In all 21 patients, the bicycle exercise was terminated by exercising muscle fatigue without chest pain or ischemic electrocardiographic response. Exercise duration was 9±3 min in patients with anterior MI and 9 ± 2 min in those with inferior MI; the difference was not significant.
Size of Infarction
There were no significant differences in creatine kinase, lactate dehydrogenase, left ventricular ejection fraction and left ventricular end-diastolic volume index between anterior (2,516 ±1,355 IU/L, 1,752 ± 958 IU/L, 49 ±7 percent, and 86 ±15 ml/m2) and inferior MI (2,445±1,179 IU/L, 1,679 ± 657 IU/L, 53 ±5 percent, and 78 ±8 ml/m2). Data appear in Tables 1 and 2. The right coronary artery was responsible for inferior MI in eight patients and the left circumflex artery was responsible in two patients. The left anterior descending coronary artery was responsible for anterior MI in all 11 patients. None of the patients had regional wall motion abnormalities remote from the infarct site. There was no significant difference between the two groups in the number of segments with wall motion abnormality (2.7 ±0.9 and 2.5 ±1.0, anterior MI and inferior MI, respectively). During myocardial perfusion scintigraphy, a small transient defect was observed in the infarct area in two patients (one patient with anterior and one patient with inferior infarction), but none of the patients had positive S-T segment change or anginal pain.
Hemodynamic Response During Exercise
Hemodynamic response to exercise in individual patients in relation to patency of infarct-related coronary artery, myocardial perfusion study, and segmental wall motion are shown in Tables 2 and 3. There were no significant differences between the two groups in HR, blood pressure, cardiac index, and stroke volume index at rest and at peak exercise. Although there was no significant difference in pulmonary artery wedge pressure at rest, patients with anterior MI had significantly higher pulmonary artery pressure than those with inferior MI at peak exercise. None of the patients had a large V wave on the pulmonary artery wedge pressure tracing at rest and during exercise.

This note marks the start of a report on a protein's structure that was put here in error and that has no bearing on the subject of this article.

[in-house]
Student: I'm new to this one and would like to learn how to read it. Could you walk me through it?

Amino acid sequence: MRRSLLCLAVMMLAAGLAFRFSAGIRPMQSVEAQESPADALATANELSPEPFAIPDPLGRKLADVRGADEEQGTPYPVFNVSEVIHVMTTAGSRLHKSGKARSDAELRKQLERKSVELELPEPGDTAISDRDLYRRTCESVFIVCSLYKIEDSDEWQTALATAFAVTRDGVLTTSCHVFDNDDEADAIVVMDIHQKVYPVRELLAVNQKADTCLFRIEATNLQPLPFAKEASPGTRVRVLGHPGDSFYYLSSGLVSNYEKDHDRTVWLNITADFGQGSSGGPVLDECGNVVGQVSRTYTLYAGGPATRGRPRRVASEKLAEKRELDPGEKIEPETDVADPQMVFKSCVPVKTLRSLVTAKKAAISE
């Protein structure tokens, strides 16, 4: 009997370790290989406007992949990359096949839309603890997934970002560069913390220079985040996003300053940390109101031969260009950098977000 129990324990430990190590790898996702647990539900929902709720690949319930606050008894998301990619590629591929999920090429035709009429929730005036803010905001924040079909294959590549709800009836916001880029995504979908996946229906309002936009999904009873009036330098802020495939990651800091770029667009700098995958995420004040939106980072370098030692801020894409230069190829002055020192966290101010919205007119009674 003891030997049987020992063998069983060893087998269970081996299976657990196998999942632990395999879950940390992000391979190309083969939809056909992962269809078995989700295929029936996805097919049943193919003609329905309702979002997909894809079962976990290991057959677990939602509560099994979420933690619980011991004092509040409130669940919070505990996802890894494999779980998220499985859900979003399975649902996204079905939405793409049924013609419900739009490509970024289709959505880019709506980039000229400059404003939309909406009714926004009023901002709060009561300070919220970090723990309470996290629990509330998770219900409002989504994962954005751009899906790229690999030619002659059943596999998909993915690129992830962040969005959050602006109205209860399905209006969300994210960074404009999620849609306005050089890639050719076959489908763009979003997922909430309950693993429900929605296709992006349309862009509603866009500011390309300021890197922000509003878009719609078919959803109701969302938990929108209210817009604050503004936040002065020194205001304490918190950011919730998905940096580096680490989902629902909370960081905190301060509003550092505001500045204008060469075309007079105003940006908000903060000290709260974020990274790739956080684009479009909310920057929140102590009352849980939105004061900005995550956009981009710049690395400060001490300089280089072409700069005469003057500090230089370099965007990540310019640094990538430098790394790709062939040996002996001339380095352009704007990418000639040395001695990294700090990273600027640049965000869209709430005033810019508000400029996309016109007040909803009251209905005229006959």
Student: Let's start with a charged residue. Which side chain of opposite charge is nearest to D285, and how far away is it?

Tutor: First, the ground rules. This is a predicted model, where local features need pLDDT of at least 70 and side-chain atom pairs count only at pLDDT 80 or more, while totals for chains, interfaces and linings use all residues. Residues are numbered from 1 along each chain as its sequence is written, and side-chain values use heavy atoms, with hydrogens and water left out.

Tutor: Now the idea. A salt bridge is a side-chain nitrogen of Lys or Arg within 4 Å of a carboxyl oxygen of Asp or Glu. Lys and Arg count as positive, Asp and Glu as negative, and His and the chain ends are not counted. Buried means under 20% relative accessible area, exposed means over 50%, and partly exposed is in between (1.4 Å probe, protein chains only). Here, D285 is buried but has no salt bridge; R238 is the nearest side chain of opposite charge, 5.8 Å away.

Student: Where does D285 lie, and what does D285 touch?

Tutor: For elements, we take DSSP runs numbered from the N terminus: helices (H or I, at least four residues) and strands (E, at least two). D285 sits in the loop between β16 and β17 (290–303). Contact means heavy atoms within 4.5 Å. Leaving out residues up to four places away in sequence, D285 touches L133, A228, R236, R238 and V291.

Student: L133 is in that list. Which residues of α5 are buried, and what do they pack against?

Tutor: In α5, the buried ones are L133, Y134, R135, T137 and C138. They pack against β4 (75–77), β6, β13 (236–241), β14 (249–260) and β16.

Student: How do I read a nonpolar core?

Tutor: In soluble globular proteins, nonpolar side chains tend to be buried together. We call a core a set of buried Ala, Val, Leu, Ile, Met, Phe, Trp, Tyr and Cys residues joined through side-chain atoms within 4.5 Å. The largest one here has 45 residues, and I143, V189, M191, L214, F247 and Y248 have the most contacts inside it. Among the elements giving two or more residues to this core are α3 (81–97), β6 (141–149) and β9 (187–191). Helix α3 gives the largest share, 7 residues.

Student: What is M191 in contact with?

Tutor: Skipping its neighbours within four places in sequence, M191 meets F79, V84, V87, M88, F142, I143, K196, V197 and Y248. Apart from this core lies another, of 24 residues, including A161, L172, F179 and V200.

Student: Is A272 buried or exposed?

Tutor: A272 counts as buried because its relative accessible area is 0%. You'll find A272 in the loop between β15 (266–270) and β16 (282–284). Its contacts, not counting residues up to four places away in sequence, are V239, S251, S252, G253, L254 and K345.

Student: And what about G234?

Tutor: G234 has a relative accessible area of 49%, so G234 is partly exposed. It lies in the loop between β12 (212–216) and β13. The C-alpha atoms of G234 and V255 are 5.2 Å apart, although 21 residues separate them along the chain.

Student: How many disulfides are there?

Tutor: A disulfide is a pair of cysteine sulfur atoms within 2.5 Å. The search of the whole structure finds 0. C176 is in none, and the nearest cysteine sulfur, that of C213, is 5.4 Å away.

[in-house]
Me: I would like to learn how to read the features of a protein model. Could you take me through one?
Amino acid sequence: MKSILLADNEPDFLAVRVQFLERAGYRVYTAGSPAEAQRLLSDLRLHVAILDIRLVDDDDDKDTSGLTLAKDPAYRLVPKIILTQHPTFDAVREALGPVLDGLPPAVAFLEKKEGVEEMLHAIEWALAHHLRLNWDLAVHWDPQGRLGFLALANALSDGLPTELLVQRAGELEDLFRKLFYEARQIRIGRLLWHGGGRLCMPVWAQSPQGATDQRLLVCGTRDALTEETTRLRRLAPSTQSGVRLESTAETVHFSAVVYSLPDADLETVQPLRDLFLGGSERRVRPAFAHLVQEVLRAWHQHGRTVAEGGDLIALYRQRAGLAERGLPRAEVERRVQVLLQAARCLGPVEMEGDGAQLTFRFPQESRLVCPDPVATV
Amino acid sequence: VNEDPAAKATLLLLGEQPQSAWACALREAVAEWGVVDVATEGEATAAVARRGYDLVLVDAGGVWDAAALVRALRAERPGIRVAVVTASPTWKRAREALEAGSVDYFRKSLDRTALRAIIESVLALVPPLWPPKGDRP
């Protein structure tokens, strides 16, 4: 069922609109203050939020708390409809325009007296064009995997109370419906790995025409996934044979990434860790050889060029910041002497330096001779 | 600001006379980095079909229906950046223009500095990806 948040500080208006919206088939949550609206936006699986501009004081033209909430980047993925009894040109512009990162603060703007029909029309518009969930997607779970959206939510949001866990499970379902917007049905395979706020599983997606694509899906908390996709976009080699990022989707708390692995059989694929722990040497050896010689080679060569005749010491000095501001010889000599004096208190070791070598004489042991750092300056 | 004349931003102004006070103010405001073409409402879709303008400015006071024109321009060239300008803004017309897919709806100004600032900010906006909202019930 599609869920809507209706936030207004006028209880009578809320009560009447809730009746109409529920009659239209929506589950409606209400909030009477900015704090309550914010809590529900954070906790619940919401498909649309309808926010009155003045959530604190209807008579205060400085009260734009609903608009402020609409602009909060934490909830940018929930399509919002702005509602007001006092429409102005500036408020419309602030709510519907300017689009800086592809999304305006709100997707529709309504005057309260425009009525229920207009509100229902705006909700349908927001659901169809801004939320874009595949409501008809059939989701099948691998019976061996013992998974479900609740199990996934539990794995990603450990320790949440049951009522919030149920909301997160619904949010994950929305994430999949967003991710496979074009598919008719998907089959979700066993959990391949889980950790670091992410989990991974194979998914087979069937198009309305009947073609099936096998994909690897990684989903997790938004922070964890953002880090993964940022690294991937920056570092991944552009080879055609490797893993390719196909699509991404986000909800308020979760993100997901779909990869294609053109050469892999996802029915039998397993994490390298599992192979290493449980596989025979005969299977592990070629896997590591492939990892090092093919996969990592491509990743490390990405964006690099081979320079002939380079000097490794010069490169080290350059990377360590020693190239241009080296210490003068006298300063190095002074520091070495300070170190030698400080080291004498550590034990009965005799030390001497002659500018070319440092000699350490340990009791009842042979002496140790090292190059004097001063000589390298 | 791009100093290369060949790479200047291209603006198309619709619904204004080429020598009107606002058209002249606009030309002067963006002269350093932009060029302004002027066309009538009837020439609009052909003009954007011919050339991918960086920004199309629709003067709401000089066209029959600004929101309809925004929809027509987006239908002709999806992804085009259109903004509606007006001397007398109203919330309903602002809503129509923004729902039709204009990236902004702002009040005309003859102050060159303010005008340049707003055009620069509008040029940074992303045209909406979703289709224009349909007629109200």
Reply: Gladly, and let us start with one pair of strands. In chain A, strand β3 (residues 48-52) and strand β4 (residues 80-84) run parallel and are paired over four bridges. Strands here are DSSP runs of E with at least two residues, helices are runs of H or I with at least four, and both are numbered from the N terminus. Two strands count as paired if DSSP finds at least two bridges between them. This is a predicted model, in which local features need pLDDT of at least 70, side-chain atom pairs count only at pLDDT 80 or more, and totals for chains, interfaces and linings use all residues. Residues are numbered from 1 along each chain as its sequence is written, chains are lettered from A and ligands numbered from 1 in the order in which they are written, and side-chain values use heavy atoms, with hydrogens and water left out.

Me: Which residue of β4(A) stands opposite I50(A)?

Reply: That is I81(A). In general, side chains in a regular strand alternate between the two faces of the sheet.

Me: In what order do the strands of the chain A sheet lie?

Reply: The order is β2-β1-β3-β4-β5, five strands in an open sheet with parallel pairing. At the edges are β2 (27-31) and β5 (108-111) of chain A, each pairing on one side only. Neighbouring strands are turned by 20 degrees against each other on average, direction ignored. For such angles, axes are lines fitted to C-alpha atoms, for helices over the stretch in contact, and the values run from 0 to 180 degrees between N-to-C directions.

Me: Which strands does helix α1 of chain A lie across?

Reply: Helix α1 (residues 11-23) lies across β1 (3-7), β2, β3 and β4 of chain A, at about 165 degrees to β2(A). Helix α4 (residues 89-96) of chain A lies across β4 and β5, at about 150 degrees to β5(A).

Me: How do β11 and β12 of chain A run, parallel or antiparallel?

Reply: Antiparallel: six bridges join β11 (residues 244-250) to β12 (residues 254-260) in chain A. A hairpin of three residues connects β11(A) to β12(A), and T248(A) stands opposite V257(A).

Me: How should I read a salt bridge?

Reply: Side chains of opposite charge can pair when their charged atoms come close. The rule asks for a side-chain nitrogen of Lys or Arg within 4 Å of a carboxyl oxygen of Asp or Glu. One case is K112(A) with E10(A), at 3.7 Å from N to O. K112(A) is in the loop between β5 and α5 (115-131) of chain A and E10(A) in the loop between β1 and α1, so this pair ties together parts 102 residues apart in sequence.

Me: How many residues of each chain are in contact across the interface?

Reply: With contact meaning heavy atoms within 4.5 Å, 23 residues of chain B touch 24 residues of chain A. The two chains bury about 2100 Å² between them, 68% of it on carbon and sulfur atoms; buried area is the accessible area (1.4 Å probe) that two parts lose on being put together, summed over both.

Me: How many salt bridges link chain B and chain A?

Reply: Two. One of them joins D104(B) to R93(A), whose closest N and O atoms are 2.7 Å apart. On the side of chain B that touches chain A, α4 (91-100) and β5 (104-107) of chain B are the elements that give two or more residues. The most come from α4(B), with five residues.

DT-HR and QS2-HR Relationships During Exercise
To obtain the DT-HR and QS2-HR relationships, DT and QS2 were plotted against the corresponding HR at rest and at peak exercise. The DT and HR had a nonlinear inverse relationship, the equations of which were as follows: DT=e*7 67-0 021 xHR) for anterior MI (r= -0.98, p<0.01) and DT=e<-°024xHR> for inferior MI (r= —0.99, p<0.01) at rest, whereas DT = 0(6.63—0.012xhr) for anterior MI (r= -0.92, p<0.01) and DT=e<e M-° 012xHR> for inferior MI (r= -0.94, p<0.01) at peak exercise. The QS2 and HR had a linear inverse relationship, the equations for which were as follows: QS2 = 554 —2.4 x HR for anterior MI (r= —0.80, p<0.01) and QS2=522—1.8 x HR for inferior MI (r= —0.82, p<0.01) at rest, whereas QS2=463 — 1.3 x HR for anterior MI (r= —0.89, p<0.01) and QS2 = 405-1.0 x HR for inferior MI (r= -0.84, p<0.01) at peak exercise. When DT-HR and QS2-HR relationships in patients with anterior and inferior MI were compared, despite no significant difference in DT and QS2 at rest, significant prolongation of QS2 (p<0.01) with consequent shortening of DT (p<0.01) was observed in patients with anterior MI at peak exercise (Fig 1 and 2).
Plasma norepinephrine level increased significantly at peak exercise, but there was no significant difference between the two groups at rest and at peak exercise (Table 3). To obtain the QS2-norepinephrine relationship during exercise, QS2 was plotted against the corresponding norepinephrine at peak exercise. The QS2 and norepinephrine had a linear inverse relationship (QS2 = — 0.01 X norepinephrine + 285 [r=0.63, p<0.05]) at peak exercise in inferior MI, but QS2 was not related to norepinephrine in anterior MI.
Table 1—Clinical Characteristics
|Anterior MI(n = H)||Inferior MI (n = 10)||p Value*|
|Age, yr||57 ±9||57 ±6||NS|
|Peak creatine kinase, IU/L||2,516±1,355 2,445± 1,179||NS|
|Peak lactate dehydrogenase, IU/L||1,752 ±958||1,679 ±657||NS|
|Ejection fraction, %||49 ±7||53±5||NS|
|Left ventricular end-diastolic volume index, ml/m2||86± 15||78 ±8||NS|
Table 2—Hemodynamic Response to Exercise in Relation to Coronary Artery Potency and Segmental Wall Motion
|Patients||ReperfusionTherapy||InfarctArtery||AsynergicSegment!||TransientDefect||Cardiac Index, L/min/m*||PAW, mm Hg|
|3||Totally occluded||2, 3,6||–||1.91||6.65||10||35|
|8||PTCA||Patent||1, 2, 3, 6||–||2.26||6.61||5||18|
|10||Totally occluded||2, 3,6||–||1.41||4.97||13||37|
|4||Totally occluded||4, 5,7||–||2.57||4.61||8||20|
|8||Totally occluded||4, 5,7||–||1.56||4.22||12||25|
ТаЫе 3—Hemodynamic Response to Exercise